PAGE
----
Why are we still not at ground zero?


“We shouldn’t be having this conversation, not really”

– Chris Kenna,

CEO of the Brand ADvance Group

Why are we having this conversation?

We’re experts in creating meaningful immersive experiences, but we’re not experts in everything. It’s why we’re launching this new series to explore ideas, discuss topics that affect us all, with other industry leaders. In this episode, we wanted to explore diversity and inclusion (D&I) within the technology/media space starting at the basics: What are we not grasping as an industry? What can we do better? How can we begin to approach this?

We can all do better when it comes to D&I, and 2021 is the year to learn, implement tangible actions, and change.

Who is Chris Kenna?

Chris is the CEO of the ‘Brand Advance Group‘, a diverse media network that offers services to help brands diversify and culturally communicate. He’s someone who’s making organizations think differently by creating meaningful content, he’s also a good friend of ours.

Jay: How does a D&I inclusive agenda help brands?
Chris: Marketing’s ethos is to sell a product or service to as many people as possible, that’s what clients come to us for. It’s the same thing “get our product in front of people and make people want it” nowhere in that brief did they say “just market that to straight white people”. Our job is to remove all barriers, so brands can sell their products to as many people as possible. We don’t sell D&I at Brand Advance, we just sell ‘marketing done properly’, it’s giving brands reach they didn’t have before.

Resources & Tools

Jay: When it comes to hiring processes, it’s still quite a white male privileged industry, how do you overcome this when looking for talent?
Chris: We find people in other industries that have transferable skills and we bring them across. In the last 12 months, we’ve hired over 110 people and because of what we offer in our service we need an authentic offering. We need diverse people sat at the table. Moving people across, training them, funding systemic changes (Brixton Academy) and looking past your six degrees of separation. Where do you normally look? And then look in the opposite places? Is it LinkedIn and a few other places?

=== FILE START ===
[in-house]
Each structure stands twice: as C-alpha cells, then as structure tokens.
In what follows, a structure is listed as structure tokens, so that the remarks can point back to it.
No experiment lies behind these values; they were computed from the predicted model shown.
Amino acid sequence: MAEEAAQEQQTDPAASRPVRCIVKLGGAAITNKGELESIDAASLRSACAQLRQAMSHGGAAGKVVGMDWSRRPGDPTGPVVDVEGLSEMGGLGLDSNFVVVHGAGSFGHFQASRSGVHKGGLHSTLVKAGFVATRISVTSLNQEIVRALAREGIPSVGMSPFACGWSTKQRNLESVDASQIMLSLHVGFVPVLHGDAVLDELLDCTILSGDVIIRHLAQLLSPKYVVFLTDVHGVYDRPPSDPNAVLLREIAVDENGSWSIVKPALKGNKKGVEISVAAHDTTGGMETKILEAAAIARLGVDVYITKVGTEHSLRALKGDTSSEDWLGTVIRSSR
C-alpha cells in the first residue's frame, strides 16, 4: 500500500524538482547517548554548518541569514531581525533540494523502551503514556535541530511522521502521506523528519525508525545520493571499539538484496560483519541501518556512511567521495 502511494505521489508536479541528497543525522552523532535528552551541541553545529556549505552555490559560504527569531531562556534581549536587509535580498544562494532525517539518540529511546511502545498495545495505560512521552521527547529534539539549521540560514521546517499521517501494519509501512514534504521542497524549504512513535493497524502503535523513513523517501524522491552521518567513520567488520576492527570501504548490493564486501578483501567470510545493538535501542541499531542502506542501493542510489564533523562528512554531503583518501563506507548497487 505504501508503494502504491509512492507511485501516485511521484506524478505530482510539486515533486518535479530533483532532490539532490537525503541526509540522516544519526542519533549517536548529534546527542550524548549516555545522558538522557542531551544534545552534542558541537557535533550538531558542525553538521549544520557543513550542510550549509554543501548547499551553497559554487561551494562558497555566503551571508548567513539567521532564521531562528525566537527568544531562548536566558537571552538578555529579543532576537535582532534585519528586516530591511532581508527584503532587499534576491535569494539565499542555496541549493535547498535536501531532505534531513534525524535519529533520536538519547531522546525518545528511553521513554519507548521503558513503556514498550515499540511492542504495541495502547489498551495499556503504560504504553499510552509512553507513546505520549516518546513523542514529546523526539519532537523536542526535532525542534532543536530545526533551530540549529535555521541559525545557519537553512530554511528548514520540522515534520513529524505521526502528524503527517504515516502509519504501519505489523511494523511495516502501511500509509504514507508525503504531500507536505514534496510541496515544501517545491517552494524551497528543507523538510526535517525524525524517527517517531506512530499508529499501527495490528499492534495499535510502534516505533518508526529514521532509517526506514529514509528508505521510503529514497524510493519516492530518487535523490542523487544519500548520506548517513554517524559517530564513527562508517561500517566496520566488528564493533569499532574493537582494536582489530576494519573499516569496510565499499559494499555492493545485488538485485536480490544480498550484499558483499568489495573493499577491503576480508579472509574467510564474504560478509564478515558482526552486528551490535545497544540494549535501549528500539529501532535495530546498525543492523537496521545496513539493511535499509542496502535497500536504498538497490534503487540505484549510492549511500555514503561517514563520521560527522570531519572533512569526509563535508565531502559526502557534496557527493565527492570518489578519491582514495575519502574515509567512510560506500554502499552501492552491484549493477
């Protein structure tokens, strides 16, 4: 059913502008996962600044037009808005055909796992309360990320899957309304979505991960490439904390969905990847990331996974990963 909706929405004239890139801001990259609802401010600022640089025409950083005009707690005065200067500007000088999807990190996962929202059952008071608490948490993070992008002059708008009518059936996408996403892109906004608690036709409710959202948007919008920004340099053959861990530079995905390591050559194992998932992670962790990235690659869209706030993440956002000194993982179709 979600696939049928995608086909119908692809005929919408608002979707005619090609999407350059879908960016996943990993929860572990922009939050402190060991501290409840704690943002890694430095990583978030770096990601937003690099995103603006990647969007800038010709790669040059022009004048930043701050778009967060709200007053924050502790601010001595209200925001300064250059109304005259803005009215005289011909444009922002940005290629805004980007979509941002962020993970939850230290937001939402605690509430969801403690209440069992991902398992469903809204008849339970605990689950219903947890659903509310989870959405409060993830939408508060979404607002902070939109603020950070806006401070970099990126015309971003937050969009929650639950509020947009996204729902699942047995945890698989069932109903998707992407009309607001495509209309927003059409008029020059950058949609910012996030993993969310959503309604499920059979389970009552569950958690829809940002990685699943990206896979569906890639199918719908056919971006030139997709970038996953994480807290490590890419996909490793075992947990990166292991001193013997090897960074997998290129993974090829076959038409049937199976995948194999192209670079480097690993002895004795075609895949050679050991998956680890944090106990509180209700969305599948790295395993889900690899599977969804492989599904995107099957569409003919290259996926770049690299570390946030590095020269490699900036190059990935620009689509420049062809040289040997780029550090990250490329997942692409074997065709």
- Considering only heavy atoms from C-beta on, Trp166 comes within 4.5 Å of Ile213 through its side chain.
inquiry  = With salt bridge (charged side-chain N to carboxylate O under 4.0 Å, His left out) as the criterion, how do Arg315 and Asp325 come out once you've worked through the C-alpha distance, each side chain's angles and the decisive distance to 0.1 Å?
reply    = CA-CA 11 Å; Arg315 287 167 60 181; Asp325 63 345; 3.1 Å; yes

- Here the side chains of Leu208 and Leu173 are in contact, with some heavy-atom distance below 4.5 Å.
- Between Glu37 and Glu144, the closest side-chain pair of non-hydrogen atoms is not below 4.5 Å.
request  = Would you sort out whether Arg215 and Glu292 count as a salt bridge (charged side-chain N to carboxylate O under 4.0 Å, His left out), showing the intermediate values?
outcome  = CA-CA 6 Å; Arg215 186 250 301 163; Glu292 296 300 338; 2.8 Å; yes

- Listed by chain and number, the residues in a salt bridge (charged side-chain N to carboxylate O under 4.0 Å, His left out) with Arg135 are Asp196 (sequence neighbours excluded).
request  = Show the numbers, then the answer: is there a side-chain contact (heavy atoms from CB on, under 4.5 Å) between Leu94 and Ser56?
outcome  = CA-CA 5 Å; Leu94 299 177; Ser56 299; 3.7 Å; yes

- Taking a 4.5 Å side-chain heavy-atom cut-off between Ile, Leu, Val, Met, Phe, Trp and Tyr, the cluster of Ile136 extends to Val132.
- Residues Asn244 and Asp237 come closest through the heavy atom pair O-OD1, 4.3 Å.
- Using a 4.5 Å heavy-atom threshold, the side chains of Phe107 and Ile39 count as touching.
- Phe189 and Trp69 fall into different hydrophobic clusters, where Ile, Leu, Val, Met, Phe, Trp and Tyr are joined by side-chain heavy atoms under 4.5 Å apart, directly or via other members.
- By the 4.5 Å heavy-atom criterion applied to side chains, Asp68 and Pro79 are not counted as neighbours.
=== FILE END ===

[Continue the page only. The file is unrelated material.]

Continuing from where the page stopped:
Good resources to use to find diverse talent:
Out in Tech, is a slack channel:
The Black Network:

Jay: In terms of an access point of view, how do you recommend people begin to approach this?
Chris: This is an awkward conversation, to both of us in different ways. We just have to admit, you’re going to have some awkward conversations, you’re going to have to make an effort. The scales have been tipped in favour of being white & straight, that’s nobody’s fault but that’s just society. We have to admit a one-day unconscious bias isn’t going to change lifelong learning. Even our language is misused, think about ‘black listing’ coming from slavery times and yet we still use this terminology.

The critical part: inclusion

Jay: How do you approach inclusion?
Chris: Diversity is the easy bit, find them, train them, bring them in but inclusion is the difficult bit. Once you have an office with 16 races, with a mix of religions, genders, races that are the big wave where everyone’s going to go through next.

Jay: Of course, when thinking about the workforce we need more segments on the pie – but there are so many things to consider that could impact the way they work. That’s probably a challenge we don’t even consider when hiring, where the infrastructure of the company needs to adapt to ensure that person feels included is super important and something we’ve not thought about.

Jay: There’s a demand coming from consumers, but also a commercial sense to diversify but brands are still getting it wrong, why do you think that is?
Chris: There are 101 reasons why they are, but it’s mostly because they’re not asking enough people from that demographic “Is this right?”, the agency and the client.

Jay: If you have representation at the table, then those mistakes are made less and less.
ChrisWe have a rule, the 7/10 rule. It’s really simple, any piece of ‘creative’ before it leaves our offices gets shown to at least 10 people from that demographic. If 7 out of 10 people say it’s ok, we send it and if they say it isn’t, we don’t. I got the idea from World War Z. It’s one of our most used and brought services, anyone can do this. You just need to make friends in different demographics.

We put a lot on the brands, but we provide services to them. We’re an incredible industry that’s creating amazing things but the bread & butter things, silly, simple things are missed. I mean even with this conversation, we shouldn’t be having this conversation. Not really.

Solarflare Studio: We’re continuing to learn how our experiences can be more inclusive and accessible, learning from industry leaders is a crucial part of doing this.

If you’d like to be involved in our next episode get in touch here.